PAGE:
Labor is also unable to explain how it will fund its proposed socio-economic reforms whilst at the same time earmarking 100 years worth of budget for the forcible removal of hundreds of thousands of Jews from their ancestral and indigenous lands in Judea and Samaria.  The sheer economics and logistics involved in such a move would bankrupt the country and divert significant resources.  It would be impossible to improve the socio-economic situation and in fact the financial woes would be drastically exasperated by the creation of a ‘Palestinian’ State in Judea and Samaria. 

Israelis who may be inclined to vote The New Labor Party should be aware, ideology aside, of how a future under Livni’s leadership will affect them in every day life:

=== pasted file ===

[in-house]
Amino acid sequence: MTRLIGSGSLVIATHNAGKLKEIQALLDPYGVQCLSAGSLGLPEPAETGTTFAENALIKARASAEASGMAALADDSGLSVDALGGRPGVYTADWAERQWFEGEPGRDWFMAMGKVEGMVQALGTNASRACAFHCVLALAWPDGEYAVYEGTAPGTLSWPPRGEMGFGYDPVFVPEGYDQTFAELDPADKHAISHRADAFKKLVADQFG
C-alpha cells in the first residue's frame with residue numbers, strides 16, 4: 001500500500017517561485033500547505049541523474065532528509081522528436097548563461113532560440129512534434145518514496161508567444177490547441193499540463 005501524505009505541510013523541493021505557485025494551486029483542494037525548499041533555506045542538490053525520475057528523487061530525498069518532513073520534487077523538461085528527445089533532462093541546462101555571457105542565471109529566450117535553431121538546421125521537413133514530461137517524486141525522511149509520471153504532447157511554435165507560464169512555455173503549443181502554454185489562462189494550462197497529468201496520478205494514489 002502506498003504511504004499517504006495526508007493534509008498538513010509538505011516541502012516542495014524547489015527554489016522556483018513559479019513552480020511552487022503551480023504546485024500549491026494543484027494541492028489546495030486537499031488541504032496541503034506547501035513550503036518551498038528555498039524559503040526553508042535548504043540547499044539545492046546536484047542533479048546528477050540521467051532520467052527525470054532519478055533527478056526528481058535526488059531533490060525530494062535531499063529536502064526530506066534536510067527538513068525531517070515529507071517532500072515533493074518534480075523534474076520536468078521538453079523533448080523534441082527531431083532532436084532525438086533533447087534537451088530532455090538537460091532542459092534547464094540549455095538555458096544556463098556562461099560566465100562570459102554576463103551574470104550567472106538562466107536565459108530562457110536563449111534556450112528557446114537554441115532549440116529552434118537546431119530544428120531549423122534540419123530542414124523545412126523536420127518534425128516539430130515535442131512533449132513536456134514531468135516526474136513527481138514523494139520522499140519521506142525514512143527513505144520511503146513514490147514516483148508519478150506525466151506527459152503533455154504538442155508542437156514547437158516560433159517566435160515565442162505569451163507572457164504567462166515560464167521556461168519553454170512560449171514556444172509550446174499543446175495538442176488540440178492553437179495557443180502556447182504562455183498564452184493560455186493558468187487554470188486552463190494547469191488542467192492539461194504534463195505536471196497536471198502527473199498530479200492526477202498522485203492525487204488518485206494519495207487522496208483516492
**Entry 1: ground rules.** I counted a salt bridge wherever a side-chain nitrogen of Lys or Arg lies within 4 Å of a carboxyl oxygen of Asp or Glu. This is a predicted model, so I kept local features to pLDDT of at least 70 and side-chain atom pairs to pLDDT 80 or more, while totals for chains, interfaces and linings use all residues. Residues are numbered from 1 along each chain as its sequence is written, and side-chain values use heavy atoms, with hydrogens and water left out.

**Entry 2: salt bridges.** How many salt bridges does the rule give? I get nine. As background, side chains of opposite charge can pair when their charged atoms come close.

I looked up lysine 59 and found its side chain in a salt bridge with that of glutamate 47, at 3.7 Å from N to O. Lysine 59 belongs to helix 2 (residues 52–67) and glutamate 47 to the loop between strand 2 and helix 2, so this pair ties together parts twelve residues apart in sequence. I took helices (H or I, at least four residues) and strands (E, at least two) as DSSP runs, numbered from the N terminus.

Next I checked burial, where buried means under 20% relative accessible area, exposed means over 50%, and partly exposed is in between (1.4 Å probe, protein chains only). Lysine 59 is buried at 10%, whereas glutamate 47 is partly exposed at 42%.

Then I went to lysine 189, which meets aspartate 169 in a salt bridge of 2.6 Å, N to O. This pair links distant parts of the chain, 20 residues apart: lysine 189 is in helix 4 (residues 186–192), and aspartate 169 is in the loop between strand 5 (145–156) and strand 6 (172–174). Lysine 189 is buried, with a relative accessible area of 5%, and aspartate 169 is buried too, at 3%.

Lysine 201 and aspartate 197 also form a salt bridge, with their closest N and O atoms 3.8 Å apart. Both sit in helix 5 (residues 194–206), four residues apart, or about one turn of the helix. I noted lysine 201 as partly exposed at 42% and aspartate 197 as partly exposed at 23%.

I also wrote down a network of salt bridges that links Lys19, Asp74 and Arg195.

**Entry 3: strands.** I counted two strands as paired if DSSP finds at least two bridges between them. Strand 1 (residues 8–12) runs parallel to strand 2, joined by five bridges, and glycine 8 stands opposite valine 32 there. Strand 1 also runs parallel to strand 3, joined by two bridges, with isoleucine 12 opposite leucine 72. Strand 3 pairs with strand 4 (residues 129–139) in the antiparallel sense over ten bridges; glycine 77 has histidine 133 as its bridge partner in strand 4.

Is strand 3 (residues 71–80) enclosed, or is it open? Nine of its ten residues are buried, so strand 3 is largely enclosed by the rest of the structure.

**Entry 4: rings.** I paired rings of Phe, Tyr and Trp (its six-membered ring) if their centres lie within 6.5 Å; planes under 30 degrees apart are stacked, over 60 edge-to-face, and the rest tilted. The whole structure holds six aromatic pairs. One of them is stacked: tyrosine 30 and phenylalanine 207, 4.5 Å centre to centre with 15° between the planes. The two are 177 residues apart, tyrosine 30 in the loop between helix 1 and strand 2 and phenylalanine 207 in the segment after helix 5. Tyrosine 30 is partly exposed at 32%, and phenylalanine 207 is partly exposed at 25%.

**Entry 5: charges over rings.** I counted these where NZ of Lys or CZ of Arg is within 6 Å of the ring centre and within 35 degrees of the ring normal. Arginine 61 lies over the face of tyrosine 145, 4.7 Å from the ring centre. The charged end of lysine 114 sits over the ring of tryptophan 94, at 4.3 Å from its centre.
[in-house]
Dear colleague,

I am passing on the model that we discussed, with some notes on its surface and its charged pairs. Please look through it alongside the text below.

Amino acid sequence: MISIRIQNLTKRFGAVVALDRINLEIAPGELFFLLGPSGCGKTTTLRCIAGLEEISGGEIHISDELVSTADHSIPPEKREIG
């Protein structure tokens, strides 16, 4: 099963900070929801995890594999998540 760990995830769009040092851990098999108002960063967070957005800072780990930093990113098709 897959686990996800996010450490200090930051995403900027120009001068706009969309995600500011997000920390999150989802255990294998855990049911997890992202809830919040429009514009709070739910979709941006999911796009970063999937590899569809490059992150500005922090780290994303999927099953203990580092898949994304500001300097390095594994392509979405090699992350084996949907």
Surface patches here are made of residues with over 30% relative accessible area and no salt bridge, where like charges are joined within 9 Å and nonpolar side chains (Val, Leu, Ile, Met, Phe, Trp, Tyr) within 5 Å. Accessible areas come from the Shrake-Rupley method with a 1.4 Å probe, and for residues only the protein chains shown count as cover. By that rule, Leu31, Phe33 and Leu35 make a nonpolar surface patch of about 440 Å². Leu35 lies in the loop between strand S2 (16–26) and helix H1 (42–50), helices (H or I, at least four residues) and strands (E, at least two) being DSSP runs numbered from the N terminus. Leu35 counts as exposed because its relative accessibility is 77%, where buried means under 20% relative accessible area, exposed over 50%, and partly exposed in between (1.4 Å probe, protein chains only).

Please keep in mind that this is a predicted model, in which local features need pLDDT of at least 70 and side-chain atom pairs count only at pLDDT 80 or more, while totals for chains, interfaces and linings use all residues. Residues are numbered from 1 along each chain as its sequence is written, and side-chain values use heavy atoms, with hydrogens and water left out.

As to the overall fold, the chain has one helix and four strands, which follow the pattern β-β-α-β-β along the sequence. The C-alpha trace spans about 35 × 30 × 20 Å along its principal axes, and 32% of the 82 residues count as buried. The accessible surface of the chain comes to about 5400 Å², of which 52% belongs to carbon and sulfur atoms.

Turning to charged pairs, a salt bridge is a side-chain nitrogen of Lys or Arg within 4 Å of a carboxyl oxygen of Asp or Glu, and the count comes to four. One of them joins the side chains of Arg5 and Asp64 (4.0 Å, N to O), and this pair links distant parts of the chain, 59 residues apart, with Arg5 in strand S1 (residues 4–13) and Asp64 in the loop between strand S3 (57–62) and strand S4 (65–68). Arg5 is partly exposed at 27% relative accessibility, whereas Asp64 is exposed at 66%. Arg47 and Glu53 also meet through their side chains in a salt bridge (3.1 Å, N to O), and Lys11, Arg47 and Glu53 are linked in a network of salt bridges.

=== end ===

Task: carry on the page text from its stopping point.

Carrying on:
• The North-South Highway 6 will become the rock throwing capital of the world.  Already it has been the scene of attacks but as the new border it would slowly fall into disuse. 
  • Around Jerusalem, especially on the outskirts of the city in places like the Har Hotzvim Technology Park, which is home to a large Intel facility, traffic will become impassible.  Already traffic in these areas is backed up but with the closing of major roads and redirecting of major routes employees and stakeholders can expect at least an extra hour per day in traffic. 
  • Israelis and tourists alike will find Jerusalem one of the most inaccessible cities in the world.  Netanyahu warned that Livni’s Jerusalem plans would lead to the need to ferry visitors to the Western Wall in armored personnel carriers.  This is to not even mention the enormous budget which will be required to re-route, re-road, re-border and re-draw Jerusalem. 
  • Central cities like Kfar Saba and Netanya will become the new border towns and housing prices will skyrocket, especially in the border towns, including Rosh Ha’Ayin and Petach Tikva.